Man V Fat is the brainchild of journalist and entrepreneur Andrew Shanahan, who has had weight issues himself. His site and online magazine were crowd-funded, with support from Jamie Oliver, theNational Obesity Forum and the British Dietetic Association. “Men get a lot from talking to other men” says Shanahan. “Owning a weight problem and showing they are doing something about it is empowering.”
Railway contractor Garry King, 46, from Hove also knew that mixed sex diet clubs were not for him. “At 21 stone I was dangerously obese,” he says. “Cutting down on my eating was difficult as I used food to cope with stress and anxiety brought on by work, but also by my weight. I was eating for comfort and needed support, but the thought of mixed diet groups put me off.”
The perceived “Marjorie Dawes Syndrome” of some weight loss clubs is a problem. “The thought of discussing my weight in a big group of mainly women with a patronising group leader like in Little Britain filled me with dread,” says Garry, a married father of two. In September 2012 he joined a men-only group run by LighterLife and went on to lose nine stone in eight months. Lighter Life provides weight loss centres throughout the UK, led by a counsellor who helps participants tackle the causes of their overeating; it also offers meal replacement plans and advice on healthy food choices to keep the weight off.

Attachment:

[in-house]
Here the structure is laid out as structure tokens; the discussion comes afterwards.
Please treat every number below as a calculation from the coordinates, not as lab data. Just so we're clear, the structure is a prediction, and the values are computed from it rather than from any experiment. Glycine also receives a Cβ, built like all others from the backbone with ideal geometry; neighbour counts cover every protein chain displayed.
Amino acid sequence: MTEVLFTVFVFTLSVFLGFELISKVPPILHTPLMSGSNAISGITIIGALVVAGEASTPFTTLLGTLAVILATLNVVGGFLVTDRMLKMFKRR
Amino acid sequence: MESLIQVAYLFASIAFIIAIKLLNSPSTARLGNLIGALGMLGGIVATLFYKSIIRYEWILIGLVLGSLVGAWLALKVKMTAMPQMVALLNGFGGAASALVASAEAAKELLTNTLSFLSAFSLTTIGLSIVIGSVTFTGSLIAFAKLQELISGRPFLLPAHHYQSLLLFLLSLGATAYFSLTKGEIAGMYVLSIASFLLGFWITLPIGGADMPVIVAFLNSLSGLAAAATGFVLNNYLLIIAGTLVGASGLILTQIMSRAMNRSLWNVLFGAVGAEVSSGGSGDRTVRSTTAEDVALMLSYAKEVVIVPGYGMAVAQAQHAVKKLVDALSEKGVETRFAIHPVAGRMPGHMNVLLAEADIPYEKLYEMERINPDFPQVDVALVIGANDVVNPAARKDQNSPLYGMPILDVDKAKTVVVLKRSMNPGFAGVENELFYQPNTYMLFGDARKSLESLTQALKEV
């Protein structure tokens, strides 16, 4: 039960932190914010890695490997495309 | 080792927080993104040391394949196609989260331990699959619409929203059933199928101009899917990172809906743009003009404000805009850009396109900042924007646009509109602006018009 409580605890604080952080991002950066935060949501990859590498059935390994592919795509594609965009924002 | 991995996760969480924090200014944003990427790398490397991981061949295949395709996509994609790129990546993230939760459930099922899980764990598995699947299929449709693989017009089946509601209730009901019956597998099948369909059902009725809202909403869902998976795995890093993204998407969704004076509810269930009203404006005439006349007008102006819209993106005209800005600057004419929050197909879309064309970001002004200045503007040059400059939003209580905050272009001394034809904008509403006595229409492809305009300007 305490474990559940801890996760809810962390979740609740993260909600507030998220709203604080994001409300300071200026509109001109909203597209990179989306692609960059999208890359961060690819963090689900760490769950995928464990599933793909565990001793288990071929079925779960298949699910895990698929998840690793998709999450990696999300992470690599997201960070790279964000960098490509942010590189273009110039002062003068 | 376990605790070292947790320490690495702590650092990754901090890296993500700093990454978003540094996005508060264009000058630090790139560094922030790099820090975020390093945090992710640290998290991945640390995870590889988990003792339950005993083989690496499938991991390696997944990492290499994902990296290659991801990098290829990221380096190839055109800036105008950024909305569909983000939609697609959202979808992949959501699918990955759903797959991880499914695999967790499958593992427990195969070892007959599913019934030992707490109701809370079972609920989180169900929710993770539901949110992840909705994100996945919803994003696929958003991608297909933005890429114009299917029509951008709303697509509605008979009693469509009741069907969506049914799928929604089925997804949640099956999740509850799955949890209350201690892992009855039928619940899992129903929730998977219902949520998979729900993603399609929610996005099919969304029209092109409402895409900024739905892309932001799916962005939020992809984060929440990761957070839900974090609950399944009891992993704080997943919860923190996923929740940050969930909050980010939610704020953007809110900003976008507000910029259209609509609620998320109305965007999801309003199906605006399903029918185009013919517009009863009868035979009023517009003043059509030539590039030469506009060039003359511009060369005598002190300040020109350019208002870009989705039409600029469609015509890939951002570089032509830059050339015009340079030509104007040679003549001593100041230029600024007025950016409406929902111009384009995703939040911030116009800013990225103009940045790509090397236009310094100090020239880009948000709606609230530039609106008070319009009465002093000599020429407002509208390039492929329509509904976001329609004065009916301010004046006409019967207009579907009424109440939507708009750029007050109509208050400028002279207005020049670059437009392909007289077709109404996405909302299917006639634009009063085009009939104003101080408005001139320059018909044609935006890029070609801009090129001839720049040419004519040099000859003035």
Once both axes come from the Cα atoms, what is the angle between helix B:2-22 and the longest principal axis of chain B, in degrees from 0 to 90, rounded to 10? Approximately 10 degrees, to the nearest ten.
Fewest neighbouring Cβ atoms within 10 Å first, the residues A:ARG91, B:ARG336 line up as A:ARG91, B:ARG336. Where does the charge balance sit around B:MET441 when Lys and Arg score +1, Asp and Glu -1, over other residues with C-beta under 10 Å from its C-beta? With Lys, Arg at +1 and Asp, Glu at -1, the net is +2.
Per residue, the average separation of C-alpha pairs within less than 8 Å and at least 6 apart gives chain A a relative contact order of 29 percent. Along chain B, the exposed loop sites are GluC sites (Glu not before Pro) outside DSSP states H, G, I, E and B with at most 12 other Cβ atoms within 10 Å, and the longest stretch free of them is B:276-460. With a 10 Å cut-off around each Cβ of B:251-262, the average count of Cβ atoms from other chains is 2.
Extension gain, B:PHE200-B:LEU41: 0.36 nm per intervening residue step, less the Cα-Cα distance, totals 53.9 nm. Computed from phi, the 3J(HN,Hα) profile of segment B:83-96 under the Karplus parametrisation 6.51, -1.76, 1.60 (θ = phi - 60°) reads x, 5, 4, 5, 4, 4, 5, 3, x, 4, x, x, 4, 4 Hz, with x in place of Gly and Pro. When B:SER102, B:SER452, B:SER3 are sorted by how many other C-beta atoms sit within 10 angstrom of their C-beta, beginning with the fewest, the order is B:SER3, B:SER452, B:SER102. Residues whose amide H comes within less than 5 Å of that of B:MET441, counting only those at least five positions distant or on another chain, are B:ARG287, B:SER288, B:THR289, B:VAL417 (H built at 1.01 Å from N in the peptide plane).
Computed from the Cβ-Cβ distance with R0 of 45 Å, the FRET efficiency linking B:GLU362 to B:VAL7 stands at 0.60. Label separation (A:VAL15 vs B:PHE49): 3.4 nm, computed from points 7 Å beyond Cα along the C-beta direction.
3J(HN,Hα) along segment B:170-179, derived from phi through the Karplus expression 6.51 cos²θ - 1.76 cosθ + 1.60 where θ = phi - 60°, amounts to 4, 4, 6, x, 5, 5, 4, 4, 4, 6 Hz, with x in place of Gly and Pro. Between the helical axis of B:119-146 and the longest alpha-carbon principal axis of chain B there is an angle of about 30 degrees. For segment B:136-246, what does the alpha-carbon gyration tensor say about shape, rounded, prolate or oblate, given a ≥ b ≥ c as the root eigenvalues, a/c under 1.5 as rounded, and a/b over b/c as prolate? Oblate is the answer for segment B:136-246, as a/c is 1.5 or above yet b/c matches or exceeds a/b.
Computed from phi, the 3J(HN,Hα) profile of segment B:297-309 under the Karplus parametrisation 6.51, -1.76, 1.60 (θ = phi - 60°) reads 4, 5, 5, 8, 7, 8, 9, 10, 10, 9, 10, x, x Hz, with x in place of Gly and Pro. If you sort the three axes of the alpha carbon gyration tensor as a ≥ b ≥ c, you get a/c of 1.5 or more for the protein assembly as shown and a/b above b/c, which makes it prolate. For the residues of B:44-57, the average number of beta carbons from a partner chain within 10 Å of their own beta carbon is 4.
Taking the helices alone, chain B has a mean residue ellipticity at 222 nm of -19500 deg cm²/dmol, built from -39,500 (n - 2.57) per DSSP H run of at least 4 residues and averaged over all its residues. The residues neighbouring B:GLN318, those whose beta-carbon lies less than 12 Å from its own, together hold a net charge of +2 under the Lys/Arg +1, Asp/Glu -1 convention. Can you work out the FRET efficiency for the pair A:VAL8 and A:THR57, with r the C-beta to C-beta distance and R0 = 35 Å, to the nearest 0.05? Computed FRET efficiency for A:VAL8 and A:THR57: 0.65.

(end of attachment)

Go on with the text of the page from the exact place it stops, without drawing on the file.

While weight problems affect both sexes there are specific issues that make men vulnerable. For some, a night out with friends can involve several pints. “The beer belly is a symbol of manhood. If a man can still get his trousers on he’ll fool himself he’s still slim, even if his gut hangs over the waistband,” says Dr Norton.
Portion size is also an issue. “Appetite has been codified as a male attribute. So we hear expressions like ‘he just has a healthy appetite’, which you’d never hear to describe a woman,” says Andrew Shanahan.